71. Mr. DUGARD (Special Rapporteur on the situation of human rights in the Palestinian territories occupied since 1967) said that the issue in question required a careful weighing up of Palestinian actions and Israeli responses. He agreed with the observer for Israel that an attempt should be made to grapple with the real humanitarian dilemma of the situation. Personally he approached the matter from the perspective of human rights or humanitarian law, whereas the observer for Israel tended to emphasize the security aspect. Israel could not, however, always justify its action on the grounds of security. He failed to see how the increase in the number of settlers in the West Bank and Gaza or the deprivation of the Palestinian population of food, education and medical services could be regarded as security measures.

72. Replying to the observer for Greece, he said that his own impression was that access to the West Bank and Gaza for donor agencies was possible, albeit severely restricted by roadblocks and checkpoints, which were sometimes manned by very young soldiers without proper instructions.

73. The security wall or fence had a wide range of implications for human rights. Palestinians who were cut off from their land and employment suffered economic loss. Families were separated. But the main issue was the de facto annexation and fragmentation of Palestinian land, which rendered self-determination meaningless. His own mandate was quite correctly defined, since Israel was in effective military occupation of the West Bank and Gaza. The focus of attention should therefore fall on Israeli human rights violations in those territories.

74. With regard to the comments by the observer for Palestine, he said that it was difficult to avoid examining the actions of Palestinian militants within Israel itself. His credibility would be zero if he ignored suicide bombings and failed to appreciate that, to some extent at least, the response of the Israelis was a reaction to them.

75. In answer to the observer for Switzerland, he explained that he had had no contact with the Israeli authorities. The Israeli Government disapproved of his mandate and, while he was not denied access to the West Bank or Gaza and was allowed to travel freely in the occupied territories, he was not permitted to meet Israeli government officials despite the fact that such contacts would be constructive, helpful and in the best interests of Israel.

76. In reply to the questions by the representative of the United States of America, he said that acts of terror and suicide bombings should be condemned and there should be zero tolerance for terrorism committed by non-State and State actors alike. As for the moral equivalence of such actions, the situation was a complicated one, inasmuch as civilian deaths were being caused by both suicide bombing by non-State actors and military action carried out by a disciplined State actor in reckless disregard of human life. He found it difficult to single out one sort of killing as being more morally reprehensible than the other, because the outcome was the same, namely the loss of innocent life.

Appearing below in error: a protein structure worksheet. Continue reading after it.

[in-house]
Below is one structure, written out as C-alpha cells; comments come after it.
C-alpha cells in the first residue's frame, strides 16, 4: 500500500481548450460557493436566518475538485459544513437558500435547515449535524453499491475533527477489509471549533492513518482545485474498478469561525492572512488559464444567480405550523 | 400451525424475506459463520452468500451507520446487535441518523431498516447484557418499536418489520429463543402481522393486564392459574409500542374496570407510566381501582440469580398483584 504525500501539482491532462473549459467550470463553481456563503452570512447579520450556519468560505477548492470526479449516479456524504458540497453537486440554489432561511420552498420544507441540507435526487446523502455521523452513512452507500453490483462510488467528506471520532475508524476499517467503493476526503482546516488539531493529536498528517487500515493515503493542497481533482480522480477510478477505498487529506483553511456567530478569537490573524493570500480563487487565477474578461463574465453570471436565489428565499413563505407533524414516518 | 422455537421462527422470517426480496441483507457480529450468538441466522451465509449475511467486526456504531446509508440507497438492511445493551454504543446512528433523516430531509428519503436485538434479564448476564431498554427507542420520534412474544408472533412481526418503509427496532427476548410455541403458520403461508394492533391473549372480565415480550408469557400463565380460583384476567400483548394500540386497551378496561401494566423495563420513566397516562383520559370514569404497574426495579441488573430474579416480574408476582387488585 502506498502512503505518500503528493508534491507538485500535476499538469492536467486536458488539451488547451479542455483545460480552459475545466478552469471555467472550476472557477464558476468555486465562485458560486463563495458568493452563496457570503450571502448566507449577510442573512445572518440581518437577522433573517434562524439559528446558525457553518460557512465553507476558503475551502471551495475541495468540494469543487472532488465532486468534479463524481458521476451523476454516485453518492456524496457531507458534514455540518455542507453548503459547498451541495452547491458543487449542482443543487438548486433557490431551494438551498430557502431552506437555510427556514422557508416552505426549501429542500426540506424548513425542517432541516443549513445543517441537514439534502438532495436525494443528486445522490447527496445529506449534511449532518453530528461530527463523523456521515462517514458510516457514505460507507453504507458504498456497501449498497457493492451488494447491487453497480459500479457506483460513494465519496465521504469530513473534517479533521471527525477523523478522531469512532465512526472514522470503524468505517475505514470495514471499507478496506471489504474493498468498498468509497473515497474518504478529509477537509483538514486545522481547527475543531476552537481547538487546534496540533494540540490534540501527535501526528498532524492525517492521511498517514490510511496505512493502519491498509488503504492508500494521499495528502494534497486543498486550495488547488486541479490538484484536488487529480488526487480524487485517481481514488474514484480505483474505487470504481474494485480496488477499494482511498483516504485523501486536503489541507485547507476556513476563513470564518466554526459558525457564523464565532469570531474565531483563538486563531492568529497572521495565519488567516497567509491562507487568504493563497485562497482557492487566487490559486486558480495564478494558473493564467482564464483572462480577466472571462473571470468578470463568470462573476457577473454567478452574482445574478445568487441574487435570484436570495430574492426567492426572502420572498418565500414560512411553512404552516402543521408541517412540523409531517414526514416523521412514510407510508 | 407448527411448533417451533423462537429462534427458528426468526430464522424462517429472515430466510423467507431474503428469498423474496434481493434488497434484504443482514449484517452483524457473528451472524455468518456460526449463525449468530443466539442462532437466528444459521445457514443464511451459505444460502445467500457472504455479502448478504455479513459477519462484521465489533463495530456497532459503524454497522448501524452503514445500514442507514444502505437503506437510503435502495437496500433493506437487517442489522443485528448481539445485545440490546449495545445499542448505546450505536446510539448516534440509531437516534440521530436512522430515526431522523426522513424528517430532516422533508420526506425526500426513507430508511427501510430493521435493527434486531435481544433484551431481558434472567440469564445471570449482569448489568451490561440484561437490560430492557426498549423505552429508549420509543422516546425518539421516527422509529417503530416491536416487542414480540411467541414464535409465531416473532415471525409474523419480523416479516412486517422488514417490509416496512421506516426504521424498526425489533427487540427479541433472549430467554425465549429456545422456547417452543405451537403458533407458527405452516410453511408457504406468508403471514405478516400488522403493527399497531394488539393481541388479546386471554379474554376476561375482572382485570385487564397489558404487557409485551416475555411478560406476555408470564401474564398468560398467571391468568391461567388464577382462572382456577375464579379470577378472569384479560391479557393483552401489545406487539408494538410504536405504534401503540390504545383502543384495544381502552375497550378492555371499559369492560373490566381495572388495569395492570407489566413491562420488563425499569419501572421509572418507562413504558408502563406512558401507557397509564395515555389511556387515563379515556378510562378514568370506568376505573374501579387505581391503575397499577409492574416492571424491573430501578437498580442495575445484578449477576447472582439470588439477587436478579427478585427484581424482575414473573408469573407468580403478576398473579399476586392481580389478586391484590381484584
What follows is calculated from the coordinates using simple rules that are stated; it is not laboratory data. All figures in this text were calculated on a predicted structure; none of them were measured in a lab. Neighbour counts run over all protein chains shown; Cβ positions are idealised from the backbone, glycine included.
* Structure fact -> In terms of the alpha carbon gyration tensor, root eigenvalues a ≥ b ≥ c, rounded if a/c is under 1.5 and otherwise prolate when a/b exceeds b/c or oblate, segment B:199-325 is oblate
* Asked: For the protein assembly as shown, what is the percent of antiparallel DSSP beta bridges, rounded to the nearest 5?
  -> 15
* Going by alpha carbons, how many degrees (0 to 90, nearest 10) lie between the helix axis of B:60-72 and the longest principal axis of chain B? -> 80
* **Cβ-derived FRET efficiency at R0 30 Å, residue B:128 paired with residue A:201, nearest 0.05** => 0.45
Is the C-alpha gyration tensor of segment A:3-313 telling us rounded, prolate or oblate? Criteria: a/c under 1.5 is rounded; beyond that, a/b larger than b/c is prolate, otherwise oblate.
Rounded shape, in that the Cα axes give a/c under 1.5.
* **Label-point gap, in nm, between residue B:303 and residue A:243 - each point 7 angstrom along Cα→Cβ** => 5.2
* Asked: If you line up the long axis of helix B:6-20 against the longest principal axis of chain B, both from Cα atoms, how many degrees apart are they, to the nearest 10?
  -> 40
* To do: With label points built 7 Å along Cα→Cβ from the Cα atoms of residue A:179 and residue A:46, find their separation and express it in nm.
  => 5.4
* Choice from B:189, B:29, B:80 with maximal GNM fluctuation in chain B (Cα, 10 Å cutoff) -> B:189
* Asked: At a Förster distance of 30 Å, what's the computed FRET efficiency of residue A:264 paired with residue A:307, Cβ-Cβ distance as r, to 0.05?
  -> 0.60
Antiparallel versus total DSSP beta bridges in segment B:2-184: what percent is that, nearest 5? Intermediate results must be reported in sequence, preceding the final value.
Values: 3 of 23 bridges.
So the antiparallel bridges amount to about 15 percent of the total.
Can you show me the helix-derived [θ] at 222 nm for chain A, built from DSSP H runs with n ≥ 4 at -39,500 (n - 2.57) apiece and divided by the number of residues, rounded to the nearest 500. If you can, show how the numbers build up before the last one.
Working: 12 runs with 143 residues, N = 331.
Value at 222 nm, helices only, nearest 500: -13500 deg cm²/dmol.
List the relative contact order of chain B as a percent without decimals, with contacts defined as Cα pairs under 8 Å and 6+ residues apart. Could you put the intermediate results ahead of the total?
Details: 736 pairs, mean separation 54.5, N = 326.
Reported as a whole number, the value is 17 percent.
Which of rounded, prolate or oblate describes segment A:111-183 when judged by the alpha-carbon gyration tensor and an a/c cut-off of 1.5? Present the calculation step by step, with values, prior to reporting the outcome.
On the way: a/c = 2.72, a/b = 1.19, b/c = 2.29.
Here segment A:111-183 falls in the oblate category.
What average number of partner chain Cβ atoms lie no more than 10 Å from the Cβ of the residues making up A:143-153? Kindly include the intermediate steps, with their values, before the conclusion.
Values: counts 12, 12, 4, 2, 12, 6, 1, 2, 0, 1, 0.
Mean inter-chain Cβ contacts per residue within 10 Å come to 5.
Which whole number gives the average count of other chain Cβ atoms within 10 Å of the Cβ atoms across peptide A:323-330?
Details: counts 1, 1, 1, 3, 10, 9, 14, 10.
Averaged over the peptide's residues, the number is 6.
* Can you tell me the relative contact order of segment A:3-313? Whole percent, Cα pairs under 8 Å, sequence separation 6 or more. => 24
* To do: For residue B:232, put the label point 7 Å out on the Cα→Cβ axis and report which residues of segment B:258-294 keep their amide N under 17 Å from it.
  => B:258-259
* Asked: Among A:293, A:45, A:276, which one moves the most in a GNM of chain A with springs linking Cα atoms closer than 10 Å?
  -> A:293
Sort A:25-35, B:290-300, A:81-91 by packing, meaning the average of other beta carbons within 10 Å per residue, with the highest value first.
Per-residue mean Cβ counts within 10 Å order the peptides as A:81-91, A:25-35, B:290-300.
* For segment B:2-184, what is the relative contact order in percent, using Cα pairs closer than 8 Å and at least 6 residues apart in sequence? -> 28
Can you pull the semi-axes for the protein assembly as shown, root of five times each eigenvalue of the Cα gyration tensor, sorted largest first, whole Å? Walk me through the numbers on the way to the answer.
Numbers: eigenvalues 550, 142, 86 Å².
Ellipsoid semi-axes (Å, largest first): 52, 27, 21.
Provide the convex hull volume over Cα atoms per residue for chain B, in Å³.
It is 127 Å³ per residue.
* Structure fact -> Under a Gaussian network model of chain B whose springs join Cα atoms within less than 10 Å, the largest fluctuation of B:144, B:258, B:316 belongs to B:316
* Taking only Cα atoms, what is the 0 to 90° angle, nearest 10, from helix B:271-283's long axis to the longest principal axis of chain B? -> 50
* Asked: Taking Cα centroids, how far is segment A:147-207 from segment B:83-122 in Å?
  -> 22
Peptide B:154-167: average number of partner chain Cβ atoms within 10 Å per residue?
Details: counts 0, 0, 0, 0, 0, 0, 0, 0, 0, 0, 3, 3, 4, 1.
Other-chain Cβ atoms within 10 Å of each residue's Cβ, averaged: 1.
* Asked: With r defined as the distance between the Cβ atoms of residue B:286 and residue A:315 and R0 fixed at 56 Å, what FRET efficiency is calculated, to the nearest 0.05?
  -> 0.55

77. Lastly, in reply to the representative of the Syrian Arab Republic, he stated that he read carefully the reports of the Special Committee to Investigate Israeli Practices Affecting the Human Rights of the Palestinian People and Other Arabs of the Occupied Territories, but acted independently of it.

78. Mr. RAMLAWI (Observer for Palestine) said that the mandate of the Special Rapporteur on the situation of human rights in the Palestinian territories occupied since 1967 had not ended with the Oslo agreement. It would cease only when Israeli occupation of Palestinian territories came to an end. He suggested to the representative of the United States of America that she recommend to her Government that Israel be added to its list of terrorists.

79. Mr. UMER (Pakistan), speaking on behalf of the Organization of the Islamic Conference (OIC), said that the liberation of Palestine from Israeli occupation, the establishment of a Palestinian State with Al-Quds al-Sharif (Jerusalem) as its capital, the return of all Palestinian refugees to their homeland, restoration of the dignity and security of Palestinian life and the rehabilitation of damaged infrastructure were among the fundamental objectives of OIC. Israeli occupation of Palestinian lands was taking on more sinister forms and the behaviour of the Israeli authorities constituted a flagrant violation of international law. Israeli atrocities against innocent civilians had risen sharply since the Commission’s previous session and had left over 2,000 dead and more than 25,000 wounded, including 500 children. Palestinian homes had been destroyed and the Israeli army had re-occupied six towns.

80. OIC rejected all attempts to equate the legitimate freedom struggle of the Palestinian people with terrorism. Liberation from tyranny and occupation was a universal right and those who denied it were the real terrorists. The international community had failed to provide ordinary Palestinians with protection from Israeli terror and repression and their isolation was giving rise to despondency and frustration. The intifada was therefore a manifestation of the popular will to recover freedom and dignity.

81. He called upon the international community to act forcefully to prevent further bloodshed, since the prospects of peace in the Middle East were inextricably bound up with justice. For that reason, it was also incumbent upon that community to ensure the physical protection of the Palestinian people and the provision of humanitarian assistance to the occupied territories.